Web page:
"India’s rural artisans and craftspeople are among the country’s greatest creative and cultural resources and are a vital part of the Indian economy. Yet despite their substantial contributions, rural artisans and craftspeople have been largely left out of India’s explosive economic growth and remain among the poorest groups in the country" - Artisans of Fashion
It's with great pleasure that I introduce you to a young woman who is determined to shine a light on both the talent and the life stories of artisans living in Uttar Pradesh, India. Aafreen Hasnain has hit the ground running since graduating from University only last year, starting Project Karchob in order to promote the skills and work of the artisans of Uttar Pradesh through the non profit organization Jyoti Welfare Association based in Lucknow.
According to her research more than 60% of the artisans are women, less than 10% of whom are educated beyond Grade 5 and due to a strict Caste System, a section of these women are given a lower wage than the others. Aafreen and her colleagues have made a conscious decision to create significant positive change within this artisan community!
I spoke to Aafreen recently about her work, inspirations and the future of fair trade in India.
Q. What inspired you to work with artisans based in Uttar Pradesh and to create Project Karchob?
I have grown up seeing my Mother work with artisans; I have been observing and learning from her since my childhood.
I started Project Karchob as I had strong faith in the work being done by the community and that their designs can be used on products beyond Indian clothing, which would suit a wider audience thus helping the society by getting more customers and promoting the art of hand embroidery.
Q. Where does the name ‘Karchob’ come from?
A 'Karchob' is a framework for making raised zari metallic thread embroidery, used by thousands of artisans to make beautiful hand embroidery. Our society is famous for it’s niche metallic thread work.
Q. How would you describe Project Karchob in 10 words or less?
Faith in hand work creates fair trade and innovative sustainable fashion
Q. Why do you think women are playing such an important role in fair trade projects around the world?
For India I can say the reason is because women were usually the ones who did not go out to work and hence they engaged in work they could do at home. Learning hand embroidery worked for most of them as they could sit at home and work while their kids and husband go to school and the office respectively. Even now, it is mostly the rural women who engage in hand embroidery as an income generating skill.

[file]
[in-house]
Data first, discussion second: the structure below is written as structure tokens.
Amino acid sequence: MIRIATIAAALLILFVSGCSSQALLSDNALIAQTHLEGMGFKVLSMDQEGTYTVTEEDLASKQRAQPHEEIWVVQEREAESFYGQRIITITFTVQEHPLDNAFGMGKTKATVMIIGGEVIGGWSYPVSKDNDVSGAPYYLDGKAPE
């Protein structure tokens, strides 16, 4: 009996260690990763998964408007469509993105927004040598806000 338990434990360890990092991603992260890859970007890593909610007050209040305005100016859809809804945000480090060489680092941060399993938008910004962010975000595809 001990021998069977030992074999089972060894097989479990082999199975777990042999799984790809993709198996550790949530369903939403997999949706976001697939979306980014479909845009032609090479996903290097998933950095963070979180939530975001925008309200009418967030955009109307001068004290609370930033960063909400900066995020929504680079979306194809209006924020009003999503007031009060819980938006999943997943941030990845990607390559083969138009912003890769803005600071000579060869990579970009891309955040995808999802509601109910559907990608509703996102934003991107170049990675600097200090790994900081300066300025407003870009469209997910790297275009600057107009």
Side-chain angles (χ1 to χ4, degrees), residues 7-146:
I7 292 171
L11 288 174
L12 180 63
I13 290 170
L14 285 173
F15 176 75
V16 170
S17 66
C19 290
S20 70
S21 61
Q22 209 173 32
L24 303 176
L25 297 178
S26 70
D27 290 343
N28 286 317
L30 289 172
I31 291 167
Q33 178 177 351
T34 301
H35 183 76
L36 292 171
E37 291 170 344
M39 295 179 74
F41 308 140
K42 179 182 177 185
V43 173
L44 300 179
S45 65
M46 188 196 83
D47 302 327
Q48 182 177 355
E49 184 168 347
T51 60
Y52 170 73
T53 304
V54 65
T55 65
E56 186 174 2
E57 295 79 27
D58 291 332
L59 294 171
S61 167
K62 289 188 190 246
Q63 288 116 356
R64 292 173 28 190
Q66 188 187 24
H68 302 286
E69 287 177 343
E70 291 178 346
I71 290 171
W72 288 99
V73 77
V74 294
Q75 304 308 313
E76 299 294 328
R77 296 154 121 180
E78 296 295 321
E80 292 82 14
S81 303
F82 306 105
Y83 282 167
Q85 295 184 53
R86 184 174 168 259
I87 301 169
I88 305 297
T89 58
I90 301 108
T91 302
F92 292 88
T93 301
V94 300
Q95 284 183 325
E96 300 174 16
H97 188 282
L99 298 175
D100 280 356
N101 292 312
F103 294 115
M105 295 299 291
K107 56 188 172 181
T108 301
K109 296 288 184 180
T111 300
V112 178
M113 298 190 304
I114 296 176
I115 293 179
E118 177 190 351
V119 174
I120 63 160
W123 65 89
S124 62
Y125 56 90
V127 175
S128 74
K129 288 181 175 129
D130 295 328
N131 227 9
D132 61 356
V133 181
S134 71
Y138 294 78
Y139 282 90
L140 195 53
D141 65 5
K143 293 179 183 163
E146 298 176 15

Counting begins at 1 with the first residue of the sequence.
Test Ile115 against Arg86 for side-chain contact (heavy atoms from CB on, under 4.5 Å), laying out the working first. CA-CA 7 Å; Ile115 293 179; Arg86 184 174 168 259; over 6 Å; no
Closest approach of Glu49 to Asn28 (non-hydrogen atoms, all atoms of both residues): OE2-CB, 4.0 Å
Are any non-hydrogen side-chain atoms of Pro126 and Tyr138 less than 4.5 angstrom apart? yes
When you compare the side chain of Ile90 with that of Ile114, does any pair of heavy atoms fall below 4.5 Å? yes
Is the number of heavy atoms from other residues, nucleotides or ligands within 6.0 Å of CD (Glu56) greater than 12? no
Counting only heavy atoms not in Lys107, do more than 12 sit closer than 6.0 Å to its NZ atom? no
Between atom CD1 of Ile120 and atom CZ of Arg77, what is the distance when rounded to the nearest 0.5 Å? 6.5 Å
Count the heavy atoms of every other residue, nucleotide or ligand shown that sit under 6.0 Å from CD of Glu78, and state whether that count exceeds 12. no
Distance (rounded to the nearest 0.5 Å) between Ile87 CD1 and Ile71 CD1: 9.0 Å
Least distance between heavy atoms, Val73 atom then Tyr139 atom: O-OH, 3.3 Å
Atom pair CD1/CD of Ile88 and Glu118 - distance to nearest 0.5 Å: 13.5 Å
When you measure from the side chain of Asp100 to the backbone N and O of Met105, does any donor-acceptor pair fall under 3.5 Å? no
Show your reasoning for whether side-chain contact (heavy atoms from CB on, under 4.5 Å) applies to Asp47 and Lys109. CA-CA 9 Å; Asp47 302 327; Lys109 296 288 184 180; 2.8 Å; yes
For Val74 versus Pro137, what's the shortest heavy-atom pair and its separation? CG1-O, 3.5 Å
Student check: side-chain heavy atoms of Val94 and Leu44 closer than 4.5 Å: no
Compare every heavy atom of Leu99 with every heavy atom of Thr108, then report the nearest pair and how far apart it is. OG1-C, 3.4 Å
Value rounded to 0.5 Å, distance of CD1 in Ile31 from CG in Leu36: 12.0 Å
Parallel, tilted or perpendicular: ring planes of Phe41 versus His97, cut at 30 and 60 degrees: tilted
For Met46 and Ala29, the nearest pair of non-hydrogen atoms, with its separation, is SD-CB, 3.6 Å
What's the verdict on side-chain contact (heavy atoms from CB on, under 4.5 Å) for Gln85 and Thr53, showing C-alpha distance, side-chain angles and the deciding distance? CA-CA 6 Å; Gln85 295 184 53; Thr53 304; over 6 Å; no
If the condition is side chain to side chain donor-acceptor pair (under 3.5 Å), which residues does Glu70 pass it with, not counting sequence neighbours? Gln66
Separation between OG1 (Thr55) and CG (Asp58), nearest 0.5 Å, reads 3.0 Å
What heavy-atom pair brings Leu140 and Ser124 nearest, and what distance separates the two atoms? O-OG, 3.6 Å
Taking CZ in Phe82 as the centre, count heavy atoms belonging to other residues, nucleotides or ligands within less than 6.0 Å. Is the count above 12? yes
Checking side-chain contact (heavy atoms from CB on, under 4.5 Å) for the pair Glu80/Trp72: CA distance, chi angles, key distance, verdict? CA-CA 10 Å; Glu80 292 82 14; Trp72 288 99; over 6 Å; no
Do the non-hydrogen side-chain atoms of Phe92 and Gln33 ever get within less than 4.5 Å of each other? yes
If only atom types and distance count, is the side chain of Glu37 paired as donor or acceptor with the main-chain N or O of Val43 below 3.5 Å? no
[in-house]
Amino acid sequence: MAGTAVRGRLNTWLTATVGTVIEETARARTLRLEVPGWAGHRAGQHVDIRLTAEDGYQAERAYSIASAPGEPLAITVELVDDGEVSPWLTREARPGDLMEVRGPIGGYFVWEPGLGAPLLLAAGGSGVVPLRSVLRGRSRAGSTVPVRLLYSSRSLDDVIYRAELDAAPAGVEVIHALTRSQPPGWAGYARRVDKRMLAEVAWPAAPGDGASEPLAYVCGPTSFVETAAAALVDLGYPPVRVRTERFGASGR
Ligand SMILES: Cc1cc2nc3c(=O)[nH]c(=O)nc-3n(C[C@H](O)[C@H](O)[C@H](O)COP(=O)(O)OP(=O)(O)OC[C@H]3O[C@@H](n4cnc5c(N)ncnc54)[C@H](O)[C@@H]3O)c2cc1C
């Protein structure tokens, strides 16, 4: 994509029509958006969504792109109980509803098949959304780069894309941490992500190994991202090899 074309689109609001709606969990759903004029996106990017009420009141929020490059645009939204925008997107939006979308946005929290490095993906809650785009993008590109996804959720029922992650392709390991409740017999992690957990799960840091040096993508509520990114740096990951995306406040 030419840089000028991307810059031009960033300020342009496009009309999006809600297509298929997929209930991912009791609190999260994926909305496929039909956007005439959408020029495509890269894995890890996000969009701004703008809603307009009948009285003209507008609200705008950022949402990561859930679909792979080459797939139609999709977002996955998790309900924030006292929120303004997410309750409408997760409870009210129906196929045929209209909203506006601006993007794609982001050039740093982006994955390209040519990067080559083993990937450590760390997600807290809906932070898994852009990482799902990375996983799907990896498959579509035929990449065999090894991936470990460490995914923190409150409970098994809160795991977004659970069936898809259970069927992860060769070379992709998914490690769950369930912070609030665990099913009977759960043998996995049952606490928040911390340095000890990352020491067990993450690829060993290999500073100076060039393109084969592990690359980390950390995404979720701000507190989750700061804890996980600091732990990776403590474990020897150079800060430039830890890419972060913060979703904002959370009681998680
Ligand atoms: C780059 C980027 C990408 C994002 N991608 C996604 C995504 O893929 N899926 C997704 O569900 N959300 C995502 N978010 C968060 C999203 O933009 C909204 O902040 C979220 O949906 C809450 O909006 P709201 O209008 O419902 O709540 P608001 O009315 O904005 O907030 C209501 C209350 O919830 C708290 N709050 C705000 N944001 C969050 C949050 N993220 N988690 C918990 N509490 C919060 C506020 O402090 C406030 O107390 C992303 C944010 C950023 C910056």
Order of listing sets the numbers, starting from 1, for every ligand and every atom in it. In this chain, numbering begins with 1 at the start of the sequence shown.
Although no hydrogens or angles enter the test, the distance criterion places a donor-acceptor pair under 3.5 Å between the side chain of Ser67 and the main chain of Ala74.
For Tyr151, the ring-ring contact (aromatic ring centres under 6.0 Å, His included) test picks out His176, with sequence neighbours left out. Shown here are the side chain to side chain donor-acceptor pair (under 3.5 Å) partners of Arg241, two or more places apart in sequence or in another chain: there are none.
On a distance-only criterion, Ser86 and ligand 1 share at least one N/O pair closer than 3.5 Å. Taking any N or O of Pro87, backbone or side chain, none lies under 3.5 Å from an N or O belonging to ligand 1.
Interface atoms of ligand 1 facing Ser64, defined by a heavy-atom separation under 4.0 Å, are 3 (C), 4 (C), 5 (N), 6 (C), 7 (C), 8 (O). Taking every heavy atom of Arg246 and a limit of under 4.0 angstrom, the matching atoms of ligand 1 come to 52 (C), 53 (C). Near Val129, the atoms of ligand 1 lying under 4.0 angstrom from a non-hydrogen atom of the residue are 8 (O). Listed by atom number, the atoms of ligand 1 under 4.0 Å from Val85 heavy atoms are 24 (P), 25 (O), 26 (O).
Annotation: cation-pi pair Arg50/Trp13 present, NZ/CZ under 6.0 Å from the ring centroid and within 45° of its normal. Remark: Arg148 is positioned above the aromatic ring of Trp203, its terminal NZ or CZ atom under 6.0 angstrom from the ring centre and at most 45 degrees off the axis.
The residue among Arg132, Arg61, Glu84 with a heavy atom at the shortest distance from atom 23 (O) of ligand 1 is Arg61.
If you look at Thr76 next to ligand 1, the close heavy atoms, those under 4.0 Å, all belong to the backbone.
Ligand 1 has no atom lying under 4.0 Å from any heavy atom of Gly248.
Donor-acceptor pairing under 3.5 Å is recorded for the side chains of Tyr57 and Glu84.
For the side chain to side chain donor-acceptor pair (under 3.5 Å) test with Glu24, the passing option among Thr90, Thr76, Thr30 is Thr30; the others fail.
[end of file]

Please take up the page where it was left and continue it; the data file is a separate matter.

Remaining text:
As for the women doing fair trade projects, I would say it is compassion and an enthusiasm for working for the much earned credit and praise that the artisans deserve which is worth fighting for.
Q. What are some of the challenges you’ve faced while working on Project Karchob?
1. Lack of a brand value: People usually do not buy from a brand they do not know of and which does not have a strong online presence. The society, Jyoti Welfare Association is a small society and does not have a website with a payment gateway.
2. Designers: The society has very fine hand embroidery artisans and niche design techniques but we do not have designers who can make clothing for a western market or to make products beyond apparel. Hence we are looking for designers who want to use our skills and work with us in the field or remotely to make some beautiful embroidery pieces.
Q. Where can people purchase the items crafted by the project’s artisans?
People can visit our store in New Delhi, India to purchase readymade products or order customised products.
Currently we do not have an online store with a payment gateway, however we do have a Facebook page where people can view the products and send a message for the item they are interested in.
Most importantly people who like our work can contact me directly at Aafreen.firstname.lastname@example.org and I will be very happy to discuss our catalogue and assist in customized design for their products.
Q. Who or what is inspiring you right now?
I am inspired by lots of people working in the fair trade fashion sector but most of all I am inspired by the people I work with in the field i.e. the artisans themselves and the designers who work with us out of their comfort zone to continuously improve their designs on modern clothing and accessories.
Q. What does the future hold for Project Karchob?
Well, a lot of hard work for sure! I hope that through Project Karchob we are able to provide permanent employment to the artisans, as of now we have only work-based employment.
You can follow Aafreen and Project Karchob on Facebook and Twitter!